What to watch this week


Hor­ror. With Toni Col­lette, Alex Wolff and Milly Shapiro. Di­rec­tor: Ari Aster. 16DHLNV. Minia­tur­ist artist An­nie Gra­ham (Col­lette) lives with her hus­band, Steve (Gabriel Byrne), their teenage son, Peter (Wolff), and 13-year-old daugh­ter, Char­lie (Shapiro). Af­ter her mother’s death An­nie’s grief is in­ten­si­fied by a se­ries of tragic events that fol­low. As the fam­ily’s an­guish pushes them to the edge, dark se­crets are un­rav­elled as their an­ces­try comes to light. But the more they try to out­run their sin­is­ter fate, the closer they get to their in­her­ited doom.

Aster’s de­but fea­ture is wildly un­set­tling and un­pre­dictable – to a fault. Pic­ture this: you’re in the mid­dle of a ter­ri­fy­ing night­mare, pulse rac­ing and skin clammy from a cold sweat.

Sud­denly your alarm goes off and in flows Billy Ray Cyrus’ Achy Breaky Heart. The ditty per­me­ates your dream, shift­ing the tone from grim and manic to ut­terly ab­surd. This is the essence of Hered­i­tary’s third act.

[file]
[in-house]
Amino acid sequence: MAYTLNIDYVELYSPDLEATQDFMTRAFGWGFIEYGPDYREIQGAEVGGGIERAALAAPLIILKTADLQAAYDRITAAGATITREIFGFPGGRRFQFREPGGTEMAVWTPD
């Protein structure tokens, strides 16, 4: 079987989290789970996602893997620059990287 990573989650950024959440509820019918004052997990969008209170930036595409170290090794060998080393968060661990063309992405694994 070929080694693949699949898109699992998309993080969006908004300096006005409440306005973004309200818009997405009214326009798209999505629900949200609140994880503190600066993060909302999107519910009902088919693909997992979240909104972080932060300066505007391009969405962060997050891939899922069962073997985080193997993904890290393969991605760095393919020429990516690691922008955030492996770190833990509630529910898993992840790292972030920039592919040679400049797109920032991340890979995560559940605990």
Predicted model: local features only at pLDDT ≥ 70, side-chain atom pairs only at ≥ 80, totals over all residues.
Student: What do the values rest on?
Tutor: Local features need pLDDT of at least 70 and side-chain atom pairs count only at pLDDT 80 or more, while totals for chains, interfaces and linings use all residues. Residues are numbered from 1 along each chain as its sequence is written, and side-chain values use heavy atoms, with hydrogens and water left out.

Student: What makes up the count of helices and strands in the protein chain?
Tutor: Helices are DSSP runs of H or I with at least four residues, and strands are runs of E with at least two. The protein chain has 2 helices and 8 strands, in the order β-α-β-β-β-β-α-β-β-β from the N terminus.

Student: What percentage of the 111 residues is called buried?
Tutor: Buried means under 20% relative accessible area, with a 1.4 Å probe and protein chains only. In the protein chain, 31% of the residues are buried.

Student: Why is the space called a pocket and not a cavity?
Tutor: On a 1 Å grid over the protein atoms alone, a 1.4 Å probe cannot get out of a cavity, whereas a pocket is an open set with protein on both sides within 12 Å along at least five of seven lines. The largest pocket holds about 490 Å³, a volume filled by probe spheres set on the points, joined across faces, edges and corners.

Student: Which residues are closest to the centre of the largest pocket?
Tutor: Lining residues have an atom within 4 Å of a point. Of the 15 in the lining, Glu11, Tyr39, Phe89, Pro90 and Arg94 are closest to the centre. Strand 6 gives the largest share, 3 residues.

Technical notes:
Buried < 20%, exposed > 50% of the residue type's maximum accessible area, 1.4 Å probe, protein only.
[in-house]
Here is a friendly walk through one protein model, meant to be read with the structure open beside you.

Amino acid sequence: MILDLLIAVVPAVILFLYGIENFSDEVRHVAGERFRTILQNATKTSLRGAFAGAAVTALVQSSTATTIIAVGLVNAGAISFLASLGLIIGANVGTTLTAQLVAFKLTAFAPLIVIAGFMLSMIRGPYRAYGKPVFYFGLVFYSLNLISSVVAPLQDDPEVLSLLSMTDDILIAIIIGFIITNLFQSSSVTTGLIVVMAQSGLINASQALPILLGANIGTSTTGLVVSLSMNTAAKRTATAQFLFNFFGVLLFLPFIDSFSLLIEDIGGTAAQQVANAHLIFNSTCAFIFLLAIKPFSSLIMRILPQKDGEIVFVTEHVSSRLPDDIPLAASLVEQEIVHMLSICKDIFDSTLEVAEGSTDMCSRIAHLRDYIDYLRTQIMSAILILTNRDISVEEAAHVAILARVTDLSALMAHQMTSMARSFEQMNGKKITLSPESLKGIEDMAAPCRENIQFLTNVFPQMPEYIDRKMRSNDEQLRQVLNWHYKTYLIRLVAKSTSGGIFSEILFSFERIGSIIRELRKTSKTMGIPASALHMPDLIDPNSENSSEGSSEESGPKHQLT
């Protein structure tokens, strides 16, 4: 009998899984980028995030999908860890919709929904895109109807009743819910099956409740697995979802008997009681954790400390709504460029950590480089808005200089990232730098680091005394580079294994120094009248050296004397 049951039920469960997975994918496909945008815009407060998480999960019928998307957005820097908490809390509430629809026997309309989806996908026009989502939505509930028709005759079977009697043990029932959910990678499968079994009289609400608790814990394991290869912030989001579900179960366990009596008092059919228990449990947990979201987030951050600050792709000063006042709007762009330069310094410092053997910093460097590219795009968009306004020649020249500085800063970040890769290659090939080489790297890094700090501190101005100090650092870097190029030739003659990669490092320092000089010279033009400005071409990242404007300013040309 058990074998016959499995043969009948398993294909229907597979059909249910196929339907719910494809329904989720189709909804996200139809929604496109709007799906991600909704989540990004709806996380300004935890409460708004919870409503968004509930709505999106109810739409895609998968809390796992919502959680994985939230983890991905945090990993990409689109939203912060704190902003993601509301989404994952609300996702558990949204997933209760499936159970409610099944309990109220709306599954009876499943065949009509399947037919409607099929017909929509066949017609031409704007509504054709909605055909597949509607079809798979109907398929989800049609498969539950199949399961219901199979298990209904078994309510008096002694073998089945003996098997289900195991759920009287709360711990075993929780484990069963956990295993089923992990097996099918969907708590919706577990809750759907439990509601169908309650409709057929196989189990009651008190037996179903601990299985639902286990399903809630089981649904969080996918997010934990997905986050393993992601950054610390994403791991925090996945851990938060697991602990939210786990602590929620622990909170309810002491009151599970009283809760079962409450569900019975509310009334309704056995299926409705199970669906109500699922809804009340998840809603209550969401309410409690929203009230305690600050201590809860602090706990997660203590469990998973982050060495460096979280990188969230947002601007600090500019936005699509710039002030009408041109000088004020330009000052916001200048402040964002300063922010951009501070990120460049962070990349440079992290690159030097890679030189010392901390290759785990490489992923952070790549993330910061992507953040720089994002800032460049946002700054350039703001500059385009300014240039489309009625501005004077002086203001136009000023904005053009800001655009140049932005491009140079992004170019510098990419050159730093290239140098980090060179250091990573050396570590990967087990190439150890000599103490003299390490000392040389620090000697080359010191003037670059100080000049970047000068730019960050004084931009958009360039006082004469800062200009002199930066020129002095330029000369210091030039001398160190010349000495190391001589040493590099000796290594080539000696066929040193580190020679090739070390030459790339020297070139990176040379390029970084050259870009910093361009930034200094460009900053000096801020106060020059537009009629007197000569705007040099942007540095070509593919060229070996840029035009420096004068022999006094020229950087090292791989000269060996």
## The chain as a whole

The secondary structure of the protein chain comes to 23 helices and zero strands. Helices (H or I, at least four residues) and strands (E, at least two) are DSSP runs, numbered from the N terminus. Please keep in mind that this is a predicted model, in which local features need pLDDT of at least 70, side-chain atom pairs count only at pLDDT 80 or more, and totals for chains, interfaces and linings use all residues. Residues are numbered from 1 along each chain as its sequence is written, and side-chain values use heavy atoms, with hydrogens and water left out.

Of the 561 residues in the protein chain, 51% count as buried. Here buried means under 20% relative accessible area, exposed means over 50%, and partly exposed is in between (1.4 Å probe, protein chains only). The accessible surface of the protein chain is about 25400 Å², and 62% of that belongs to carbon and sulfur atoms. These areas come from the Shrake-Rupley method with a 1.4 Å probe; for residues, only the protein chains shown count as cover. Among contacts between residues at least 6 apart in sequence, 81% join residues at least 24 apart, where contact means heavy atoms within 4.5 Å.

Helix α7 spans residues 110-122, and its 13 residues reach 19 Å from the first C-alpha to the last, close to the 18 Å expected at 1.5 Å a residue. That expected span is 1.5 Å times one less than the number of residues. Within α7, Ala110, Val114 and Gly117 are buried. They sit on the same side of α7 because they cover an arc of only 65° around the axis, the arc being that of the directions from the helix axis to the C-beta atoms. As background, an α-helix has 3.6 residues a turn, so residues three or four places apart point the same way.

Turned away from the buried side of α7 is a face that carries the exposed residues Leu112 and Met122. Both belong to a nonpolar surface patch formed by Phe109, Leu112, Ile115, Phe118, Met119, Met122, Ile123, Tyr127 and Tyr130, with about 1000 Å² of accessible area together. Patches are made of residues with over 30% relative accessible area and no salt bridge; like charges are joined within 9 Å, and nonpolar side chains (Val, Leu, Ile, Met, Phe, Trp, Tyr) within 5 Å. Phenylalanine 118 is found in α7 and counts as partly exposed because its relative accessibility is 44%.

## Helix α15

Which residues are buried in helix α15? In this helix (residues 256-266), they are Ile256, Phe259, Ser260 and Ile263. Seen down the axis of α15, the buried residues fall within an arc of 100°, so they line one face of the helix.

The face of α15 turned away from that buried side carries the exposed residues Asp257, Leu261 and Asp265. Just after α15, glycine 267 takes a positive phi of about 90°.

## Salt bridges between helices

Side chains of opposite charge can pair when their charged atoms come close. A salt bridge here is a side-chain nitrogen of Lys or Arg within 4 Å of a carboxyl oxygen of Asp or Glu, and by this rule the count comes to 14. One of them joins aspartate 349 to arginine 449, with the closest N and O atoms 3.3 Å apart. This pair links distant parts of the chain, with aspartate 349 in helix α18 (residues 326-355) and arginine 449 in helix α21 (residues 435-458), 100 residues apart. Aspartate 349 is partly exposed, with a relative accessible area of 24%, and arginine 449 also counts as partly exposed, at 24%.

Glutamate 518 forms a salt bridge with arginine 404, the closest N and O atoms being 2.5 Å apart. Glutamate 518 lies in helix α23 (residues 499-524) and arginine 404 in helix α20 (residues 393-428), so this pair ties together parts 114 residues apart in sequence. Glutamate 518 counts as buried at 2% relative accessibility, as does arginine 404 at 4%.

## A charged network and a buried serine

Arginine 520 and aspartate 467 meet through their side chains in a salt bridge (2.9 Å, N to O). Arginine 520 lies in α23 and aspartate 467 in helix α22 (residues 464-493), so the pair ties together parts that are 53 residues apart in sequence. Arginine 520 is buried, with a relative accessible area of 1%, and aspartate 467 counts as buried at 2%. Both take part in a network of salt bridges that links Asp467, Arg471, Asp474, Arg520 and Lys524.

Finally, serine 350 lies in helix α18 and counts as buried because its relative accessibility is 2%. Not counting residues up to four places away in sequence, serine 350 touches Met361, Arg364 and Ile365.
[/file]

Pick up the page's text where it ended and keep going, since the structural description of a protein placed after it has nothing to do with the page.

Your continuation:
For­tu­nately the build-up to this point more than makes up for this odd fi­nale. Every­thing from the mes­meris­ing vi­su­als to the chill­ing sound de­sign and cam­era an­gles is beau­ti­fully crafted to exploit the viewer’s grow­ing dread and dis­ori­en­ta­tion.

Most notable are the cast’s cap­ti­vat­ing per­for­mances, with their char­ac­ters the per­fect field guides to the wide-rang­ing maze of emo­tions the film takes you through. It’s not quite this gen­er­a­tion’s The Ex­or­cist (1973), as many crit­ics have de­clared, but this deeply un­nerv­ing ex­pe­ri­ence is praise­wor­thy in its own right.

Dis­turbed (from left): Milly Shapiro, Toni Col­lette, Gabriel Byrne and Alex Wolff play a fam­ily fall­ing apart in Hered­i­tary.

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